As post-operative mortality is relatively rare, 28-day readmission rates are often used as an indicator of quality of care, though there is a debate over how useful an indicator it is . A review of studies which looked at readmission rates found that between 9% and 48% of all readmissions could have been prevented and indicated that the patient had received substandard care . An audit of readmissions in an English trust found that a fifth of readmissions were preventable . Looking at readmissions broadly may not be useful as there are many possible confounding variables, however they could be useful if used to identify trusts or areas of care where there are inequalities, where more in-depth local studies could then be conducted . A UK study found that more deprived patients were more likely to be readmitted, though the reason for this was not explained . Research on readmissions has found that, for colorectal surgery, social deprivation was associated with increased readmissions .
Inequalities may be due to variation in the quality of care between Trusts serving different populations, or may occur because the quality of care in the same organisation varies according to, for example, the socioeconomic status or ethnicity of individual patients. Monitoring of inequalities on a local level could identify problem areas, such as systematic discharge delays or readmissions for particular groups which could be investigated and tackled by health professionals and managers. Routine datasets, such as Hospital Episode Statistics (HES), provide the potential to monitor inequalities in process and outcome measures of inpatient treatment. For example, Hacker and Stanistreet used HES to explore whether certain groups had longer waiting times for ophthalmology and orthopaedic surgeries . Morgan and Hamm used a waiting list database to examine ethnic inequalities in waiting times for certain procedures .
We measured inequalities in access (waiting times), process (length of stay) and outcome (readmission) by age, sex, ethnicity and social deprivation for seven common procedures at a single large acute trust, and examined whether such data could usefully be applied more generally to monitor inequalities at the trust level.
Hospital Episode Statistics (HES)
This study used a retrospective design to explore the feasibility of monitoring inequalities within an acute trust. We obtained routinely collected administrative data, HES, from April 2007- March 2010, from the NHS Connecting for Health secondary uses service (SUS). We hold Section 251 National Information Governance Board for Health and Social Care permission to hold these data for research purposes. We also hold South East Local Research Ethics Committee approval to analyse the data. HES have been collected on all patients admitted to NHS hospitals since 1989 and include demographic, diagnostic and procedural data . Three years of data were used to gain the largest numbers of patients whilst minimising additional confounding because of changes over time in coding, medical practice or policy, although coding may have improved over the course of these three years which we cannot control for .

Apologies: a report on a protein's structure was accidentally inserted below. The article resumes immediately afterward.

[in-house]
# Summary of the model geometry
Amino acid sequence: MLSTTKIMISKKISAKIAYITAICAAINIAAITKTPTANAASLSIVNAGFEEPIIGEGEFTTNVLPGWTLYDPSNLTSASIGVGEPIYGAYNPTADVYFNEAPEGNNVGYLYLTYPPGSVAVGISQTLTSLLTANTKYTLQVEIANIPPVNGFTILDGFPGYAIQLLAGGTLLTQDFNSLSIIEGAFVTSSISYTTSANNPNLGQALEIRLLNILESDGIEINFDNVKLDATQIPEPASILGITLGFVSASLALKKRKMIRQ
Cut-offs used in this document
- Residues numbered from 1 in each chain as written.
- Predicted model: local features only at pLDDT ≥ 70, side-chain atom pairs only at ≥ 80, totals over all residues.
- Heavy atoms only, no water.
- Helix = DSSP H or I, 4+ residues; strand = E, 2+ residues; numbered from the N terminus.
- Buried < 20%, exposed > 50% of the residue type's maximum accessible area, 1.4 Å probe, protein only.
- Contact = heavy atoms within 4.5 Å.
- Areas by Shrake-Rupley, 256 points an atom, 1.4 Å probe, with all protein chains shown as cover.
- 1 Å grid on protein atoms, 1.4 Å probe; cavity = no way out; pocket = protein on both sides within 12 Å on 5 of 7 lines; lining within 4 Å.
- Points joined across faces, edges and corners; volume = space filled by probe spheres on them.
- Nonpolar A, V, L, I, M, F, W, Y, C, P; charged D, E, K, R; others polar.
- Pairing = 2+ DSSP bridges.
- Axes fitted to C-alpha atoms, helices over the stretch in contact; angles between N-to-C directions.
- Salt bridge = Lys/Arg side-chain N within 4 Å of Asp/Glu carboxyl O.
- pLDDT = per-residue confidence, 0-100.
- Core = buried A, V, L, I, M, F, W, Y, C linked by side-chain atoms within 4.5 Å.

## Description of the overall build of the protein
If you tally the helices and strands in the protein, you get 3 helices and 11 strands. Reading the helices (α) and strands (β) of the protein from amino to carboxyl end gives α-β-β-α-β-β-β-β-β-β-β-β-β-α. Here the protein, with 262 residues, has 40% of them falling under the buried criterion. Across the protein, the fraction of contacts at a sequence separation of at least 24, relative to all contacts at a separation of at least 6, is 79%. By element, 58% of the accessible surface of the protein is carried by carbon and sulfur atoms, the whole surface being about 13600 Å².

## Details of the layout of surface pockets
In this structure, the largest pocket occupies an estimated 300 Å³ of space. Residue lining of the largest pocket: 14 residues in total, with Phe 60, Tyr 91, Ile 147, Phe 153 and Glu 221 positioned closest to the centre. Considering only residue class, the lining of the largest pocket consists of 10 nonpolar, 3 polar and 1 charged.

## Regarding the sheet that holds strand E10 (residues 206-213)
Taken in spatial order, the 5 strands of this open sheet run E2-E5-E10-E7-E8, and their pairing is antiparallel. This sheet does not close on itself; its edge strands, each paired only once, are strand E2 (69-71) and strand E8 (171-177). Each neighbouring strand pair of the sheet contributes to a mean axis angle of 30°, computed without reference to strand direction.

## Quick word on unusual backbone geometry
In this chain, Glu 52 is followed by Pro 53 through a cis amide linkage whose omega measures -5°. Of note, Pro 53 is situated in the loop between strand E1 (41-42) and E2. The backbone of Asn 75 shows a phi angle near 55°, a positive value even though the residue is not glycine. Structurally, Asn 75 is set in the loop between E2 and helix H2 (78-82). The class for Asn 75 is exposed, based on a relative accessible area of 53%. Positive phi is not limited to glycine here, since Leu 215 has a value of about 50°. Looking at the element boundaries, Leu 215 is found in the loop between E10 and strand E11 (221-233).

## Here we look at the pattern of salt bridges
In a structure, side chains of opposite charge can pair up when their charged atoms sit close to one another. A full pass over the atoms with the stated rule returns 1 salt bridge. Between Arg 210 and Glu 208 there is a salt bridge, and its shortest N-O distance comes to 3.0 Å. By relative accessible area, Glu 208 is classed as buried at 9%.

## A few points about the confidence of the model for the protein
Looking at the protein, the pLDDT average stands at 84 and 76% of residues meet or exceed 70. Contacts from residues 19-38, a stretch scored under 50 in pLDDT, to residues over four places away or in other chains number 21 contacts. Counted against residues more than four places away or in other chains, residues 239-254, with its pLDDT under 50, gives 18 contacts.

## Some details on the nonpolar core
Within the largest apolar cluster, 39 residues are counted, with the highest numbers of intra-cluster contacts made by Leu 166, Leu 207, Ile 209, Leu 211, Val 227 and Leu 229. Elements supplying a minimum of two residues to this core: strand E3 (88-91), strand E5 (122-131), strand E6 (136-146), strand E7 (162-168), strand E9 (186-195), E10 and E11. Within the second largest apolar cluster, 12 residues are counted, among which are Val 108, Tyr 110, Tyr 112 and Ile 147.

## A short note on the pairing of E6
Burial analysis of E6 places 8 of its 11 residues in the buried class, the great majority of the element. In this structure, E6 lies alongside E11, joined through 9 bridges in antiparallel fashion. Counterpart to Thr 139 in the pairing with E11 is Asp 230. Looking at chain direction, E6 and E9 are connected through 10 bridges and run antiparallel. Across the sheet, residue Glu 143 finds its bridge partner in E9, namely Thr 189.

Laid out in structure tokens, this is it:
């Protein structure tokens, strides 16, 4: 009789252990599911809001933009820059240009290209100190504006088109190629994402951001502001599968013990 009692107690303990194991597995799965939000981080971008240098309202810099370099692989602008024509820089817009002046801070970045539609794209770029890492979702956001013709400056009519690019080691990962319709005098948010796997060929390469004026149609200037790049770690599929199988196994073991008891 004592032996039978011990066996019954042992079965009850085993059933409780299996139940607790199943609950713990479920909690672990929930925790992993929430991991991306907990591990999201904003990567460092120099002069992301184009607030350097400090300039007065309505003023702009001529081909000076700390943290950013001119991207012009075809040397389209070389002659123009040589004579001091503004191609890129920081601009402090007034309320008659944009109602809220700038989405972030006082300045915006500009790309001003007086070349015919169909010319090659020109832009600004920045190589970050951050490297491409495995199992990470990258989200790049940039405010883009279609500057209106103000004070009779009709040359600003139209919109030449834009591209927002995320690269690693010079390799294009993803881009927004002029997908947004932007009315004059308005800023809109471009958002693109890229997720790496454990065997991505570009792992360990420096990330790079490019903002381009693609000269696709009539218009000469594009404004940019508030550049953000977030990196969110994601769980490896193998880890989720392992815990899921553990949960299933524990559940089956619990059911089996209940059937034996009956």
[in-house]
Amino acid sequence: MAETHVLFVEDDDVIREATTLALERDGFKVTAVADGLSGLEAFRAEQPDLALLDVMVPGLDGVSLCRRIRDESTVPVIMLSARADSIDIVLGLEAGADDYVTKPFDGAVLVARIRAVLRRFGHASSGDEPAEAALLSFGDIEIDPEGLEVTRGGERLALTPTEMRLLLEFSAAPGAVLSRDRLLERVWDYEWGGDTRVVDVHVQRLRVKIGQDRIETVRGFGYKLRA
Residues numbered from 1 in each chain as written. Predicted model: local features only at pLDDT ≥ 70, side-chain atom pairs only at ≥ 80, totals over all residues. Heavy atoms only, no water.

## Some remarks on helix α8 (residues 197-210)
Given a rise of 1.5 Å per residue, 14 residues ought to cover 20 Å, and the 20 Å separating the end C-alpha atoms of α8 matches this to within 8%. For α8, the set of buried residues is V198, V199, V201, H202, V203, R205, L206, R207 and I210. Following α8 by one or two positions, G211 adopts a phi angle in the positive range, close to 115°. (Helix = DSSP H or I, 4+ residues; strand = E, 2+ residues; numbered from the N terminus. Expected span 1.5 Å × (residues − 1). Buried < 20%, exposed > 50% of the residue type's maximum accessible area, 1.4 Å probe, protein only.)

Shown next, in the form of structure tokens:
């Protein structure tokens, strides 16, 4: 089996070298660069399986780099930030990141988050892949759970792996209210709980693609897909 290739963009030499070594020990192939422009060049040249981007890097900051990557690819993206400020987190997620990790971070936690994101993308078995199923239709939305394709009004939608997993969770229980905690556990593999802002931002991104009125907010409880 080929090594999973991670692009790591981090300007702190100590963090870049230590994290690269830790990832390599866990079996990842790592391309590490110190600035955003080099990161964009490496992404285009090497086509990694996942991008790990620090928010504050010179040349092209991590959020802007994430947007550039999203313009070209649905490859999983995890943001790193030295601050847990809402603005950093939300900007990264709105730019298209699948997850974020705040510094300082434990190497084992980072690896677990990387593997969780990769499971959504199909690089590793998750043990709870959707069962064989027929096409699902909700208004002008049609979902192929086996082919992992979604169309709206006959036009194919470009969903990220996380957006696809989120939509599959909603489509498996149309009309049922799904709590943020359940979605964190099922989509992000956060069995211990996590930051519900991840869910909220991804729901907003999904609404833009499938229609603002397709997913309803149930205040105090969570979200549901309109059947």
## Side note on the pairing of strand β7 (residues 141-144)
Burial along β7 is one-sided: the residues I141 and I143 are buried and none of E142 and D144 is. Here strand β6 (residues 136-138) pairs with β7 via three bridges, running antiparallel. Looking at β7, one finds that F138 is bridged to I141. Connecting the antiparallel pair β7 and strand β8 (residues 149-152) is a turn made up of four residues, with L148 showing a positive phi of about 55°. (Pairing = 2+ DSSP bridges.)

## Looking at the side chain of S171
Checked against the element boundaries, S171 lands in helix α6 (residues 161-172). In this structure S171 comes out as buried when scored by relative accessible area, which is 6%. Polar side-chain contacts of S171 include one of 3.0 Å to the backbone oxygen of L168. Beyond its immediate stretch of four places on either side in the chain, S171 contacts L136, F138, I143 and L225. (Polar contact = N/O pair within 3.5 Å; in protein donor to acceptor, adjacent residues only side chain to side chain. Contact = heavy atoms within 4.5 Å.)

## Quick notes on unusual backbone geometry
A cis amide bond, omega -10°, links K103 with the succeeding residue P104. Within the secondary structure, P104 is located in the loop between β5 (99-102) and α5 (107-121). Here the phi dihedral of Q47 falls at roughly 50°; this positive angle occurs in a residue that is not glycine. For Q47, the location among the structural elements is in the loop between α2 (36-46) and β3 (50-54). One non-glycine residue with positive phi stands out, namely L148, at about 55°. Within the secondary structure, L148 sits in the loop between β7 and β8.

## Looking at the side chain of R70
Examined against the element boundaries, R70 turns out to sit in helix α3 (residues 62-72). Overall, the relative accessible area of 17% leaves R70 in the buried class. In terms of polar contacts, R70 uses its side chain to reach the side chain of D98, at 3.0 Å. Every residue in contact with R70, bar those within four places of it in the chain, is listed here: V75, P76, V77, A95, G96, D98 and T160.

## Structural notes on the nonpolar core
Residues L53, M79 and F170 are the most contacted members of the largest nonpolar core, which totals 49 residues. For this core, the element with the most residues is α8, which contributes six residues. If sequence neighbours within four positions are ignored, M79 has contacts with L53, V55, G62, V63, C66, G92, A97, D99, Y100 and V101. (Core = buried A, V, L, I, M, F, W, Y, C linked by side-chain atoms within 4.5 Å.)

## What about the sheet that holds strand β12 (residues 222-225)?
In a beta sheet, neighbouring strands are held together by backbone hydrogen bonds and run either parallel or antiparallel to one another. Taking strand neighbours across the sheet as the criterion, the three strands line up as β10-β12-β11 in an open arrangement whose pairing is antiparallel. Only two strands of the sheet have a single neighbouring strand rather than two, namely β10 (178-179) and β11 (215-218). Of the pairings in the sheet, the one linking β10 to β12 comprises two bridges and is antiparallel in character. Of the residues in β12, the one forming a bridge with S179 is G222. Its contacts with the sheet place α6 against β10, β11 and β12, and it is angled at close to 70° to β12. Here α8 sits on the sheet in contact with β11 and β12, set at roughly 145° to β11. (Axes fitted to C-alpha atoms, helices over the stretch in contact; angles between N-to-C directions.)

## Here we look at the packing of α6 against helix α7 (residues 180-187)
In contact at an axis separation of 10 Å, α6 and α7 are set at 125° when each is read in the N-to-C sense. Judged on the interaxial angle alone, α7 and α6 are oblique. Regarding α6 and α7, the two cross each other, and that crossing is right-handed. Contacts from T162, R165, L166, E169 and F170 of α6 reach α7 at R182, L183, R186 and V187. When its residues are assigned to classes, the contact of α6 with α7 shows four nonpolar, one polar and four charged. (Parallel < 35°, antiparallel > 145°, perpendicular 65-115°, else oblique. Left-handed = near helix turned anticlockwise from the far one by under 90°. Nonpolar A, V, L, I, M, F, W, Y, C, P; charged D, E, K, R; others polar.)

HES records represent the finished consultant episode – “a period of admitted patient care under a consultant or allied healthcare professional within an NHS trust” . A stay in a hospital can be made up of one or multiple finished consultant episodes. These were linked together into admissions which is the unit of analysis used here. Transfers in from other hospitals were not included. A proportion of the admissions considered in this study would have ended as transfers, however post-transfer length of stay and readmissions were not considered in this study.
Procedures and database inclusions
Inequalities were examined within procedure groups rather than specialities so that patients undergoing similar procedures were compared to each other. Although patients can have multiple procedures within an admission, patients were grouped by their main operative procedure, the most resource intensive procedure of the admission . This study looked at elective admissions for seven procedures - bariatric surgery, cholecystectomy, coronary angioplasty, primary hip replacement, inguinal hernia repairs, primary knee replacement and mastectomy (for breast cancer in women). These elective surgical procedures were chosen in discussion with service leads to include the most common, and those that were rapidly increasing in volume and those where inequalities have been reported from national data. By including common procedures we would increase the statistical power to identify inequalities should any exist. Non-elective patients, day admissions and patients under 18 were excluded from the analysis to try to reduce the variability in the sample and to take into account some of the case-mix within the procedure groups.
Measures of inequalities
This study explored variations in access, process and outcome measures by age, sex, ethnicity and social deprivation. Data on age, sex, ethnicity and patient postcode are routinely included within HES. Data on ethnicity, however, is often recorded as not stated or not known, though this improved nationally from 24% missing in 2004 to 9% in 2010 . Due to small numbers in some groups, age bands were combined into 3 to 5 groups, based on the distribution of age for each procedure area. Ethnicity categories within HES are based on the ethnic groups used in the 2001 census . Small numbers made it necessary to combine these into four categories – white, Asian, black and other and mixed backgrounds. The Carstairs index of deprivation was used to determine the social deprivation of the postcode of the patient’s home address as a proxy for the patient’s socioeconomic status . The Carstairs index was used in the dataset as it is available at a smaller area level, the lower super output area. The scores in the original dataset were split into five population-weighted quintiles based on the national distribution. These were combined into 2 groups, quintiles 1 to 3 and quintiles 4 to 5, to provide sufficient numbers and enable comparison between the more and less deprived.